Secrets of the Milwaukee Public Museum
The Basement: Woolly Mammoth Bones
“We have the real critter down here,” says Carter Lupton, curator of anthropology, as we descend to the basement to see the bones of the Hebior Woolly Mammoth, discovered on a farm near Kenosha in 1994. “It's a really important specimen because it has butchering marks and it's 85%-95% complete—pretty rare for any fossil.”
The 14,500-year-old bones—one of the most complete mammoth skeletons in North America—were acquired by MPM in 2007, thanks to local donors. A reproduction of the skeleton towers over the museum's lobby.
Lupton opens a drawer. I'm amazed. Large dun-colored joints point upward. “These, of course, are the vertebrae,” he says. “And there's a tusk,” he adds, pointing to an enormous swaddled object lying on a table. “It's never been unwrapped from its protective casing.
“Ribs,” Lupton continues, opening a large box. There they lie in perfect symmetry. His curatorial pride grows: “You can see where the ribs attach, where the extra cartilage connects at the front,” he says. “They're perfectly preserved.”
In another box are four molars. Lifting out two large yellowed objects resembling huge hooves, Lupton says, “These are the grinding teeth—mammoths were grazers, grass-eaters.” The bottoms of the teeth have swirly patterns like some deep-sea coral. Fascinating.
Fifth Floor: Moths and Butterflies
Lepidoptera curator Sue Borkin shows me brilliant azure butterflies (“Morpho”) from Central and South America, “gynandrous” moths (half-female, half-male) and “hawk moths” that mimic plump bumblebees.
About 220,000 moths and butterflies (including Wisconsin examples dating from the 1890s—rare for a natural science museum) are stored in closed cabinets. Airtight drawers protect them from light, changing temperatures and the dreaded Dermestid beetle that can turn specimens to dust.
Sixth Floor: Reptiles and Amphibians
Ellen Censky, dean of collections, research and curatorial, guides me past jar after gallon-sized jar of alcohol-bathed brownish green contents. A whiff of high-school biology class is in the air. One jar holds a curious soup of small snakes, lizards, frogs, salamanders and turtles. The department's 40,000 specimens, many from late-1800s Wisconsin, tell researchers the distribution of a species in a specific place through time.
“What has occurred in the past, what is not occurring at the moment,” Censky says. This includes which species have invaded and which have disappeared.
Ground Floor: Extinct Birds
In a room lined by metal cupboards, the first drawer Censky opens startles me: It contains rows of yellow- and green-feathered bodies. Respectfully, Censky lifts one up. “Carolina parakeets,” she says. Once native to the Southeast, they migrated northward in summertime. “If these samples hadn't been preserved, one wouldn't think we had Carolina parakeets this far north,” she says. Old-fashioned script on a faded tag reads “Waukesha 1844.”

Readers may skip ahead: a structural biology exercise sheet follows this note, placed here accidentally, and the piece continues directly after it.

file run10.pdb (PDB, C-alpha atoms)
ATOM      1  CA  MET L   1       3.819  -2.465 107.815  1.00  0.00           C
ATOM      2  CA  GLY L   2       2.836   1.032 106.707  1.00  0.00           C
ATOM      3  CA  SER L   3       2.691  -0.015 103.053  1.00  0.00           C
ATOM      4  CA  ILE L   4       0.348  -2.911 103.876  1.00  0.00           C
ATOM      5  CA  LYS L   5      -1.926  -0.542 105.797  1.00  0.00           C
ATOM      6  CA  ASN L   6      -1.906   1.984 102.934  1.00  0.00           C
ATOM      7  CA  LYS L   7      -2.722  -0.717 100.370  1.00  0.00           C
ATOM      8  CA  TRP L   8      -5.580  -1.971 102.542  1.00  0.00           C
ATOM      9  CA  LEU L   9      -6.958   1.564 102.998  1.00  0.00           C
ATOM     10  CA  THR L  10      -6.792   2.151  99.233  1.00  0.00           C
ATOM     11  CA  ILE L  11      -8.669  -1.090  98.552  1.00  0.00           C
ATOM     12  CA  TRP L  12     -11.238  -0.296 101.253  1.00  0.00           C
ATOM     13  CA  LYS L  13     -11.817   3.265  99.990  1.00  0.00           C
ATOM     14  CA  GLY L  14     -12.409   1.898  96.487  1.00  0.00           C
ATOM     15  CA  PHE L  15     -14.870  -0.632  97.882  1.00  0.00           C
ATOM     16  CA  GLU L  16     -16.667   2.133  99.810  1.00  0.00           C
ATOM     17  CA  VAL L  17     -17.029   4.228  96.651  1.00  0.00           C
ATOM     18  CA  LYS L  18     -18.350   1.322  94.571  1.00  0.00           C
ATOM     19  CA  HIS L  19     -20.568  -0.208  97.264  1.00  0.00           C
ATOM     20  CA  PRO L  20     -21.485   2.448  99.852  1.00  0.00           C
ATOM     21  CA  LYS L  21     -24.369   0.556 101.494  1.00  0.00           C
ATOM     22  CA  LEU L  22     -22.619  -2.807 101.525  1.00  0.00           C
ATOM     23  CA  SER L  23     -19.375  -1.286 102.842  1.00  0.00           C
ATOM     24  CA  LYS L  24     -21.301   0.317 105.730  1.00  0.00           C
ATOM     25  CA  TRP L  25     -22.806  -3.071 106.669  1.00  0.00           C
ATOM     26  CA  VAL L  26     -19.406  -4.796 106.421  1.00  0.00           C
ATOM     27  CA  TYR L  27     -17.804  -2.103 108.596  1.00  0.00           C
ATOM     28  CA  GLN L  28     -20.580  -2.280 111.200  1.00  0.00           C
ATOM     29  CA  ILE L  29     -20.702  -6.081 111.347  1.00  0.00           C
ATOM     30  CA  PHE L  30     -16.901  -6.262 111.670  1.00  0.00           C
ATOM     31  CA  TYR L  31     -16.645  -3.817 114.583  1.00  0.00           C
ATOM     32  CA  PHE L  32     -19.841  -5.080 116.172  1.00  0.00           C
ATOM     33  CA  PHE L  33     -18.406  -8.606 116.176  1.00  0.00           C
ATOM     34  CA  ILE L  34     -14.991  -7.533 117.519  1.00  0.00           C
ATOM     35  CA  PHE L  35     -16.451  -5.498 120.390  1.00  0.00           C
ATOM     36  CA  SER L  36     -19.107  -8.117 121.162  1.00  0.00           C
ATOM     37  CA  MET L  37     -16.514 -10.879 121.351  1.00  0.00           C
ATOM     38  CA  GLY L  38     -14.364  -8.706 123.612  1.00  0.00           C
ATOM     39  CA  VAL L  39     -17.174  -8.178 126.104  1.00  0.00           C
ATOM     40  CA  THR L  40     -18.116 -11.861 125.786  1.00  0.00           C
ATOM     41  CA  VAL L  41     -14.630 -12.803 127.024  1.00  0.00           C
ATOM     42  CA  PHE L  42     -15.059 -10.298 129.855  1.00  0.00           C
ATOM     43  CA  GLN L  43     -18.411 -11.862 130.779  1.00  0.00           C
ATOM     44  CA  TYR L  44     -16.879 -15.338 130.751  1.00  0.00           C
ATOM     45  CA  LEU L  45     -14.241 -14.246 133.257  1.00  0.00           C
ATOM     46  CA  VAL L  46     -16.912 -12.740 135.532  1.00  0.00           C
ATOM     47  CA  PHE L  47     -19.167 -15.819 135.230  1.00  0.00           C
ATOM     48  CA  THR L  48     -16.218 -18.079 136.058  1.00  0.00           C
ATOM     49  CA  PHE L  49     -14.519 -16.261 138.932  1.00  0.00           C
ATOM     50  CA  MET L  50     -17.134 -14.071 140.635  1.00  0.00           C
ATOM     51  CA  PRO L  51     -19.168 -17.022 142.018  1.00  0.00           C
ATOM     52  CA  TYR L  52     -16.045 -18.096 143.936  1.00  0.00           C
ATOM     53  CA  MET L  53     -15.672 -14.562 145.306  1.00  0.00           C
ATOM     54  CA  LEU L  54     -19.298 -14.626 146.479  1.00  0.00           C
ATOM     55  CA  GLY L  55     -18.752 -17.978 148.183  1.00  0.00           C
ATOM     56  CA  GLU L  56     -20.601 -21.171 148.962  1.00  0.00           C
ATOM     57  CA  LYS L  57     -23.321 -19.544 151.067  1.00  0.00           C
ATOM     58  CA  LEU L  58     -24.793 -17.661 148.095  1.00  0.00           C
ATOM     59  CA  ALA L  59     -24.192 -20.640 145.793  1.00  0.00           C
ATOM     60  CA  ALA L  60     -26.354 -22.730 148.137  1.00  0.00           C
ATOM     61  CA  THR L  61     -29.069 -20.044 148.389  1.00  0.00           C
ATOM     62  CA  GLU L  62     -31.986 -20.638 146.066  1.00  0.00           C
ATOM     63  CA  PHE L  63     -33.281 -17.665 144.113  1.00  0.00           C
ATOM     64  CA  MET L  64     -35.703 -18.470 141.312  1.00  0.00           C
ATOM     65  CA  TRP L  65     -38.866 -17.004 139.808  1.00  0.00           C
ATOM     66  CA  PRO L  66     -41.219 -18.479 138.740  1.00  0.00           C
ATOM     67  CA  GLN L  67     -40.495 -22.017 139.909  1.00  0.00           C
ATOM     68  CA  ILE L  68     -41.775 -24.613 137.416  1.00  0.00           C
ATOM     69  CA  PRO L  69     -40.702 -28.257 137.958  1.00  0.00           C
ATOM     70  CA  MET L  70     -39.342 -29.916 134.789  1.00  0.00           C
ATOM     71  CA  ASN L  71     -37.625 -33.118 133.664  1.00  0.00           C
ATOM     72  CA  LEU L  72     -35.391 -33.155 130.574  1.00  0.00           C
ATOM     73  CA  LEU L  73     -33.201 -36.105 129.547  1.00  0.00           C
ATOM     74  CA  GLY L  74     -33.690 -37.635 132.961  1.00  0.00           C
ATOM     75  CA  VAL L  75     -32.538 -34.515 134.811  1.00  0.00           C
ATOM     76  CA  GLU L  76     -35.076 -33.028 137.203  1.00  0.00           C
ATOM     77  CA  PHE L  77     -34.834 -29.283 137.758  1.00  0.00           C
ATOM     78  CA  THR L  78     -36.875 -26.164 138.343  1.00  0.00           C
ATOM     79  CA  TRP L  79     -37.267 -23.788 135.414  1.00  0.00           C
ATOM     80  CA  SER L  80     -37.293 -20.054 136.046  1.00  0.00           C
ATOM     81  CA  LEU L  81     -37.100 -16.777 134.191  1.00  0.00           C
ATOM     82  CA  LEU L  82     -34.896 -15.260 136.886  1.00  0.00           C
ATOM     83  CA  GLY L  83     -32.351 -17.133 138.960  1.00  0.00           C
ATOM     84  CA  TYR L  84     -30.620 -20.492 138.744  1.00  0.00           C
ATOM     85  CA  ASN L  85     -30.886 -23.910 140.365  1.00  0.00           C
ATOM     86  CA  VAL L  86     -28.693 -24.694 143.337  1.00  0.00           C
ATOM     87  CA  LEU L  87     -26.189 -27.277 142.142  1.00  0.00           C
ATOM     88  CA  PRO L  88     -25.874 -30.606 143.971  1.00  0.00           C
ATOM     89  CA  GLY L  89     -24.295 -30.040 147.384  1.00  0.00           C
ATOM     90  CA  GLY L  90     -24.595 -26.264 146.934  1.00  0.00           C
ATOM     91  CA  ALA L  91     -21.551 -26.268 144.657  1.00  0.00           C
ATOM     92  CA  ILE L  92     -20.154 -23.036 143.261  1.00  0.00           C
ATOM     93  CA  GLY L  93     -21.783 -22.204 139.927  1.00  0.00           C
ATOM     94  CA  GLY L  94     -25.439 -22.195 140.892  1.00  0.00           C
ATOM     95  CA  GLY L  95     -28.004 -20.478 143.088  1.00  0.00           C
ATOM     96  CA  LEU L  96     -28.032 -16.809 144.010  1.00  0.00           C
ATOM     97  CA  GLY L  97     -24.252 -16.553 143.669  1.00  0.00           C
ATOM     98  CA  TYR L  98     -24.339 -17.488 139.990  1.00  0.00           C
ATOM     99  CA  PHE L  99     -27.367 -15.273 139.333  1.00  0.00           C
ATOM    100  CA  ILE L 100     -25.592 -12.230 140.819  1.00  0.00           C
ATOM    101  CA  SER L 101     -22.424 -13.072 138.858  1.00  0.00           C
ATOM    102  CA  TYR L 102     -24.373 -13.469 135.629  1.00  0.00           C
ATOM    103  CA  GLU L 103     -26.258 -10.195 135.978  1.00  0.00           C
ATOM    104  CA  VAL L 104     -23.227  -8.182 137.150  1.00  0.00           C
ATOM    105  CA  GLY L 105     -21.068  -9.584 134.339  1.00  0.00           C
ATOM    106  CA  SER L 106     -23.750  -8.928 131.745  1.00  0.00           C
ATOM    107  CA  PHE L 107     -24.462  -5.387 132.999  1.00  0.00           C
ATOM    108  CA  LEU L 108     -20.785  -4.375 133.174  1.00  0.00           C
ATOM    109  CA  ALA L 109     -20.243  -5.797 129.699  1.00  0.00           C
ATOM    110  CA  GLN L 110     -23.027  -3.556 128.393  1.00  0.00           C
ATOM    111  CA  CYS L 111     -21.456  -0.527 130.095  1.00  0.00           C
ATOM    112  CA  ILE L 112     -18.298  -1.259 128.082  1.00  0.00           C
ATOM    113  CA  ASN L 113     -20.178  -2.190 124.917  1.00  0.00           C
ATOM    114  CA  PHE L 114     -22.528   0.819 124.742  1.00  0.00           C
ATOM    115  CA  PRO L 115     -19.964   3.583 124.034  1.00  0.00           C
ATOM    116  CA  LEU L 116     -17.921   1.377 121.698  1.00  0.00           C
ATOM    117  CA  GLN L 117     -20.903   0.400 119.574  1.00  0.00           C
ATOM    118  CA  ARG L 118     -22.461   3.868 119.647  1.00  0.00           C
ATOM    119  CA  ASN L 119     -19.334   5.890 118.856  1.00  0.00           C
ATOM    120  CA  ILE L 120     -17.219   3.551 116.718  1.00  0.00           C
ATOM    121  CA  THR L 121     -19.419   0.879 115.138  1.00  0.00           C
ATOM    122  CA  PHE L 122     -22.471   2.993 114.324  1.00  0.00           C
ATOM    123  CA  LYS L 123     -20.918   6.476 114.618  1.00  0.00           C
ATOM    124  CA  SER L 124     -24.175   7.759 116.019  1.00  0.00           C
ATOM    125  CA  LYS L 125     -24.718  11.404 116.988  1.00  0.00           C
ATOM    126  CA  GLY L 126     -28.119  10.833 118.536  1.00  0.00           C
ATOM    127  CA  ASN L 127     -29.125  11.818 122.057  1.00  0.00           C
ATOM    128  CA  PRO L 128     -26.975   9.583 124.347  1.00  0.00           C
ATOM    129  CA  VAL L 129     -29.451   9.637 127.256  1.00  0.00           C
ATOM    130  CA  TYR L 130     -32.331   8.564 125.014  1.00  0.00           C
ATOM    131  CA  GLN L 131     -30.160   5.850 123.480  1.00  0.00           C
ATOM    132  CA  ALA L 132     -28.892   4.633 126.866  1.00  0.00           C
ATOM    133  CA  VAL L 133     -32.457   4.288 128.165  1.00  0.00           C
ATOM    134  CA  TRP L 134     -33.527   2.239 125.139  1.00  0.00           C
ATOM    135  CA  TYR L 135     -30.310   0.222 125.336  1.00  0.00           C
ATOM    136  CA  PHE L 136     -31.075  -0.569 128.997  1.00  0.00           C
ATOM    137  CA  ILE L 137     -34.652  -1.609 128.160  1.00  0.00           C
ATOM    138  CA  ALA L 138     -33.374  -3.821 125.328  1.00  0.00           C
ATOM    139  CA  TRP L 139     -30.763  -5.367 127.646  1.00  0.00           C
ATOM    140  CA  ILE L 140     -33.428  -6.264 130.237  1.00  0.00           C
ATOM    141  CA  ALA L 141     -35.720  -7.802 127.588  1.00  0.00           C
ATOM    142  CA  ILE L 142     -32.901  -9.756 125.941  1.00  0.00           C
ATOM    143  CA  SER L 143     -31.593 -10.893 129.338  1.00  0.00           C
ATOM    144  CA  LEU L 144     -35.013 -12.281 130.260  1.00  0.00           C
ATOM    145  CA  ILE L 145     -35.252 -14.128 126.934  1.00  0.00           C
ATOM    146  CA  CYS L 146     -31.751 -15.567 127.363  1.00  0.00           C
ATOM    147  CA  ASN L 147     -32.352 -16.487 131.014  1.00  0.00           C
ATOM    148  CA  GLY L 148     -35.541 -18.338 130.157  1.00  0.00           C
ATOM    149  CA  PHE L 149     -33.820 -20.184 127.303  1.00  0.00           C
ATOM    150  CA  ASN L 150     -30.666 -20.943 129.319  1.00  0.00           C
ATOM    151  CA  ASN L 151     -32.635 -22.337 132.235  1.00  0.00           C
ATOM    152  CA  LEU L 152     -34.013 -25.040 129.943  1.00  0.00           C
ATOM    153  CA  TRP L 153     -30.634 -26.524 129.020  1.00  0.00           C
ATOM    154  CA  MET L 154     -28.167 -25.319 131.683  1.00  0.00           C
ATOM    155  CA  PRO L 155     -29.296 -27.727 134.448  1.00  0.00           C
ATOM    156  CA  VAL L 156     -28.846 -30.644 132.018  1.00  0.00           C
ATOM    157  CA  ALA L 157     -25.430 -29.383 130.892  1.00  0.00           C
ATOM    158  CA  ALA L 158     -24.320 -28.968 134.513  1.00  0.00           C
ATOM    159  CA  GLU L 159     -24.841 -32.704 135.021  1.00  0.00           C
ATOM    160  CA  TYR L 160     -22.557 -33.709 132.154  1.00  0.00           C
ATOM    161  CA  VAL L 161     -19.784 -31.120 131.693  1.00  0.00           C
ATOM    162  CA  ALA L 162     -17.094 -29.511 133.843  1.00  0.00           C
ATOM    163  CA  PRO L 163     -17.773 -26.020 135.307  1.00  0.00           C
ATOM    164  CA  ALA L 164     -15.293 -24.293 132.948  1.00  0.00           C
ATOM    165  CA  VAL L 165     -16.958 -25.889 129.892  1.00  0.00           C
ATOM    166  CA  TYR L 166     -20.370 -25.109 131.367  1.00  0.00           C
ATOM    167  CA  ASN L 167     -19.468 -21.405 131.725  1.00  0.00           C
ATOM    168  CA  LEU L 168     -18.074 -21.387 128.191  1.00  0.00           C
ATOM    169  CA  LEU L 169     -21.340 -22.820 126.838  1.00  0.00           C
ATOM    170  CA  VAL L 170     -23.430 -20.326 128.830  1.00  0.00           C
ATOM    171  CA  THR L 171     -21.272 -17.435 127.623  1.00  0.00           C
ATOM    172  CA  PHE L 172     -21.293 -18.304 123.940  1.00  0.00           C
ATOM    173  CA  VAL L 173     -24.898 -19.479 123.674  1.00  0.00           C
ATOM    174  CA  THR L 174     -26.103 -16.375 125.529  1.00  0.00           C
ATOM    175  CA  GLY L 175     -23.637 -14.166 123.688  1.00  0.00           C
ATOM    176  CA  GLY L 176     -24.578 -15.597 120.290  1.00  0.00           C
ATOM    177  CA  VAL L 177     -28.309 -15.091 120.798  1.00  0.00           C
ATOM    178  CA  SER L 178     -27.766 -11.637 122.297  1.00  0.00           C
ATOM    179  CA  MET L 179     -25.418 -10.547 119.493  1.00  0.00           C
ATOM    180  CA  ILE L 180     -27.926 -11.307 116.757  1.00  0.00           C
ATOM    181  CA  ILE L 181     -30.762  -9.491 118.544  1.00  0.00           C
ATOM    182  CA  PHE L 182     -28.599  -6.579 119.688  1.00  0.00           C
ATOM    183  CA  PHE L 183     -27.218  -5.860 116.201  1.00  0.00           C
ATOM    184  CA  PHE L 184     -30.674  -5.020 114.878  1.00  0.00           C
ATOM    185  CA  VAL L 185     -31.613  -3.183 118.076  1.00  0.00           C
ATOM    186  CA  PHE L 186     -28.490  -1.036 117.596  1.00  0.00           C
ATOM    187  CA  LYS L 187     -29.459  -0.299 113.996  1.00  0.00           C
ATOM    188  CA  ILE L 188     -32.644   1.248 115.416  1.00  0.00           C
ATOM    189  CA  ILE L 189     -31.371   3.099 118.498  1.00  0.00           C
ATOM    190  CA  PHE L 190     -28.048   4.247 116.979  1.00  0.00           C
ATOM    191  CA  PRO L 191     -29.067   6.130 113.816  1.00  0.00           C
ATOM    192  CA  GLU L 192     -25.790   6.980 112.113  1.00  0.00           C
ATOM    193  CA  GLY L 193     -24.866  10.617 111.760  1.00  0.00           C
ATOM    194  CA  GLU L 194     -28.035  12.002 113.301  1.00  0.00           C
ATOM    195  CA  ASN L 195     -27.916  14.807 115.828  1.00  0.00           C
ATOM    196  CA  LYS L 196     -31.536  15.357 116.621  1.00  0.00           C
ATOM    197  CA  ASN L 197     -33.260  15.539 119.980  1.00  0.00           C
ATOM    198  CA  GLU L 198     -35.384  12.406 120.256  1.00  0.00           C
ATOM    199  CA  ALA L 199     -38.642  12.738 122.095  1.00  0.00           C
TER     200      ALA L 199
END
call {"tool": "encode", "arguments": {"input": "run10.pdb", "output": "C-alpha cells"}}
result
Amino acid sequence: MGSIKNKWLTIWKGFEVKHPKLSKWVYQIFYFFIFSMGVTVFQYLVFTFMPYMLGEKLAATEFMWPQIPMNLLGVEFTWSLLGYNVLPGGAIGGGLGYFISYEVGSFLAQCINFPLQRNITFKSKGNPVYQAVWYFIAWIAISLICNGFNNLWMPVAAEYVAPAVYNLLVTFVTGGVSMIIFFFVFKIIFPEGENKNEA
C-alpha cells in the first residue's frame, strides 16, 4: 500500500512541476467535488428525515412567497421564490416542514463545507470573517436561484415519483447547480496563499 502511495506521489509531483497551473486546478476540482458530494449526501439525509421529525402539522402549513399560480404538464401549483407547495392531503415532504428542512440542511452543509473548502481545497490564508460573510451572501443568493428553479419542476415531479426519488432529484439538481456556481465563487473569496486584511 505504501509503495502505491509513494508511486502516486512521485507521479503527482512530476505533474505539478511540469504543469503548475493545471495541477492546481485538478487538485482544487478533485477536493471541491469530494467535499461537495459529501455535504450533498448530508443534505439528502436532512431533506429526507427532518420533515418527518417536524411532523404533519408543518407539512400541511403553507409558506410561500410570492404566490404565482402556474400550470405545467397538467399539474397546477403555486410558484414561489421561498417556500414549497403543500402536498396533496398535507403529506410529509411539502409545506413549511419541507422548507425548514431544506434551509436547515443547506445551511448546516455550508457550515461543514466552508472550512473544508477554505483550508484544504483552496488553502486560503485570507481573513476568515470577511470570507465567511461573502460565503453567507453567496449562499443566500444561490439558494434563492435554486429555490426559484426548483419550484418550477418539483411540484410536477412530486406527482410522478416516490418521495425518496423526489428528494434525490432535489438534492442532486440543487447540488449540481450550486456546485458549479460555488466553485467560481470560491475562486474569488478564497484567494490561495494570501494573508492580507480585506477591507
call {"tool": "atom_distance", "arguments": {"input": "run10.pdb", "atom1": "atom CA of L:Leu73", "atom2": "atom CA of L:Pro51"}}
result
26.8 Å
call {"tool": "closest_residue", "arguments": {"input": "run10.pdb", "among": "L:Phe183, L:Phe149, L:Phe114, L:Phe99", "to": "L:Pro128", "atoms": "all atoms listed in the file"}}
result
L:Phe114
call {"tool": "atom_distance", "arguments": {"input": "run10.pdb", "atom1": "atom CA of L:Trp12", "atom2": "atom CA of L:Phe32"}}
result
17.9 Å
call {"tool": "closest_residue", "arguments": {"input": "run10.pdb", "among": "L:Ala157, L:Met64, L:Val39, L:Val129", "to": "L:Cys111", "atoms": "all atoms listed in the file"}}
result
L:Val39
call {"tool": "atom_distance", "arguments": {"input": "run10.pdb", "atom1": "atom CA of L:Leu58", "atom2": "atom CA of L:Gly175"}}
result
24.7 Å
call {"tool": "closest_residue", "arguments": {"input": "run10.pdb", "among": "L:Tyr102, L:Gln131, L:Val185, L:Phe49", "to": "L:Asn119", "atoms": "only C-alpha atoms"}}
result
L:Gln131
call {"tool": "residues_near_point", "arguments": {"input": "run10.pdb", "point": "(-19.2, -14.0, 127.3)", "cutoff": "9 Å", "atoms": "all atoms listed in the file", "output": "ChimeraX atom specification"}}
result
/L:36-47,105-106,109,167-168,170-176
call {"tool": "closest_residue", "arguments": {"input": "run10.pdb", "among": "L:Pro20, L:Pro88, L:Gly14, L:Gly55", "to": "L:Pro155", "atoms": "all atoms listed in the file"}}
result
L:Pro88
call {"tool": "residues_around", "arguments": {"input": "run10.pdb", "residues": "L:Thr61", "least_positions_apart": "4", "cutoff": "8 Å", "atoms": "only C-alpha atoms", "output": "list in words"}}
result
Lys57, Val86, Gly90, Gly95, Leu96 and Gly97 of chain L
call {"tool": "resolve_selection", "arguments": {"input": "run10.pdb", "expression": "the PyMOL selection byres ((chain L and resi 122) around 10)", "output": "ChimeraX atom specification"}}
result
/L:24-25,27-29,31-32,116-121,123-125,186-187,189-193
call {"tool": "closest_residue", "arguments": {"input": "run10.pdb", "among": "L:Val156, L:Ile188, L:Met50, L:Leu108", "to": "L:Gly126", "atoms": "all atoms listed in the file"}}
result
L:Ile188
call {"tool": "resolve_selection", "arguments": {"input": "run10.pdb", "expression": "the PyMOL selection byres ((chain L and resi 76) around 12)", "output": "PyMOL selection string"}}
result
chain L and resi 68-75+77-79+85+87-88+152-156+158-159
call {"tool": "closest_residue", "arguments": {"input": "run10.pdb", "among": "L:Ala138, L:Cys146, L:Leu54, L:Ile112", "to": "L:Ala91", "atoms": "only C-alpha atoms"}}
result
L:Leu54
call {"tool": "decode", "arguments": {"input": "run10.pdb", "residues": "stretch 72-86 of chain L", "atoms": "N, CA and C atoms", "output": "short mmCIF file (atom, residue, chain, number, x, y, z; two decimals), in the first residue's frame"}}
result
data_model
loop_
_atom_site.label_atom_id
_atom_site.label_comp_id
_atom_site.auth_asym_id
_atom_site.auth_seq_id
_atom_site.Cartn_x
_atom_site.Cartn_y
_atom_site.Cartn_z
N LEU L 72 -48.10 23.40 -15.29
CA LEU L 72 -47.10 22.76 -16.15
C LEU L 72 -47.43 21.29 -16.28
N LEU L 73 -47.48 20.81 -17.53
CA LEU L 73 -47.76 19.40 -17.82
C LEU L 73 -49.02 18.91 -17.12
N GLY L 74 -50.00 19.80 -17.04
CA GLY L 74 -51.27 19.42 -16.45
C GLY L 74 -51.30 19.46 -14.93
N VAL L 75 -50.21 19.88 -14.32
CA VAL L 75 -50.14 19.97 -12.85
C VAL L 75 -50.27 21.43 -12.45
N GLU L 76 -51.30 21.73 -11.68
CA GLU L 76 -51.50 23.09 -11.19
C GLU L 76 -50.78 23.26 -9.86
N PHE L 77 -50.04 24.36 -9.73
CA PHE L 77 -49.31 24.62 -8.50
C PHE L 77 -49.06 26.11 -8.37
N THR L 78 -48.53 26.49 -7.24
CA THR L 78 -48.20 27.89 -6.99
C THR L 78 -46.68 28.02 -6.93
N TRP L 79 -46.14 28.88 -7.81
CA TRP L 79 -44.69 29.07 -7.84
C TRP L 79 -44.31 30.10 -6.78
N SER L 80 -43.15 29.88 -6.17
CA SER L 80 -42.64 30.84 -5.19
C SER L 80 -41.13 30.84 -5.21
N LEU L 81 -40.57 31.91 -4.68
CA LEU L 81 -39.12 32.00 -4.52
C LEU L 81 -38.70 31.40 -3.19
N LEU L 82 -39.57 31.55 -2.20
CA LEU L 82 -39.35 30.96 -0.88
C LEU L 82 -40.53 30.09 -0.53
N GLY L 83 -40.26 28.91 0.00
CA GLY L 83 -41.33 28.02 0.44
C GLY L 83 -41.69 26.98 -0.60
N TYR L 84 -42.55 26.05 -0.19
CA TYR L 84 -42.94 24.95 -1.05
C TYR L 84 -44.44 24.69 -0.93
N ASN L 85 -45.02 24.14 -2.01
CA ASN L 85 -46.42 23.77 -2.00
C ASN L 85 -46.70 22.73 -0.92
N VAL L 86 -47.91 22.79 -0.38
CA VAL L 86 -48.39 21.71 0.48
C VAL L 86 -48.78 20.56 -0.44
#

Another drawer reveals a life-like specimen, gray with a long tail and pinkish breast feathers. “Passenger pigeon,” Censky says. “Collected in 1893 in Pewaukee.” My heart aches. I've heard about these birds that traveled in huge flocks sometimes a mile wide. Massive slaughter (their meat was used to feed slaves and the poor) decimated their numbers until the last wild specimen was shot in 1900. Censky holds a small box cradling three eggs.
A Great Auk and two ivory-billed woodpeckers also populate these drawers. “These species are no longer in existence anywhere. Done. Extinct,” she says. “Sometimes people ask if scientific collecting contributes to extinction.” Her calm voice intensifies. “No. Collectors for scientific research help preserve species; they create the baseline of data.”
Some 4.5 million objects are owned by MPM. Less than 1% is on exhibit—a percentage not uncommon for natural history museums. This ratio, when revealed, can trigger questions about why so few objects are displayed. Censky explains that some are duplicates, some are on loan and some are being studied. She notes that, in addition to exhibiting, MPM must be custodians for the future—including future researchers.
Budgetary problems have undoubtedly affected MPM. In the late 1980s, 27 curators were on staff. As of June, there are seven. Some activities are on hold; some staff is furloughed. The museum is exploring new ways to share its stored treasures: virtual exhibits on its website, limited tours, possibly mummy holograms for the revamped “Temples, Tells and Tombs” exhibit. Meanwhile, curators conserve both permanent exhibits and stored objects with enormous dedication.
“The great thing about the collections here is that they go back so far. They are just a phenomenal resource for us and for future generations,” Censky says.
Marie Kohler is a freelance writer, prize-winning playwright and co-artistic director of Renaissance Theaterworks. Kohler enjoys sharing her enthusiasms and obsessions with audience members and readers.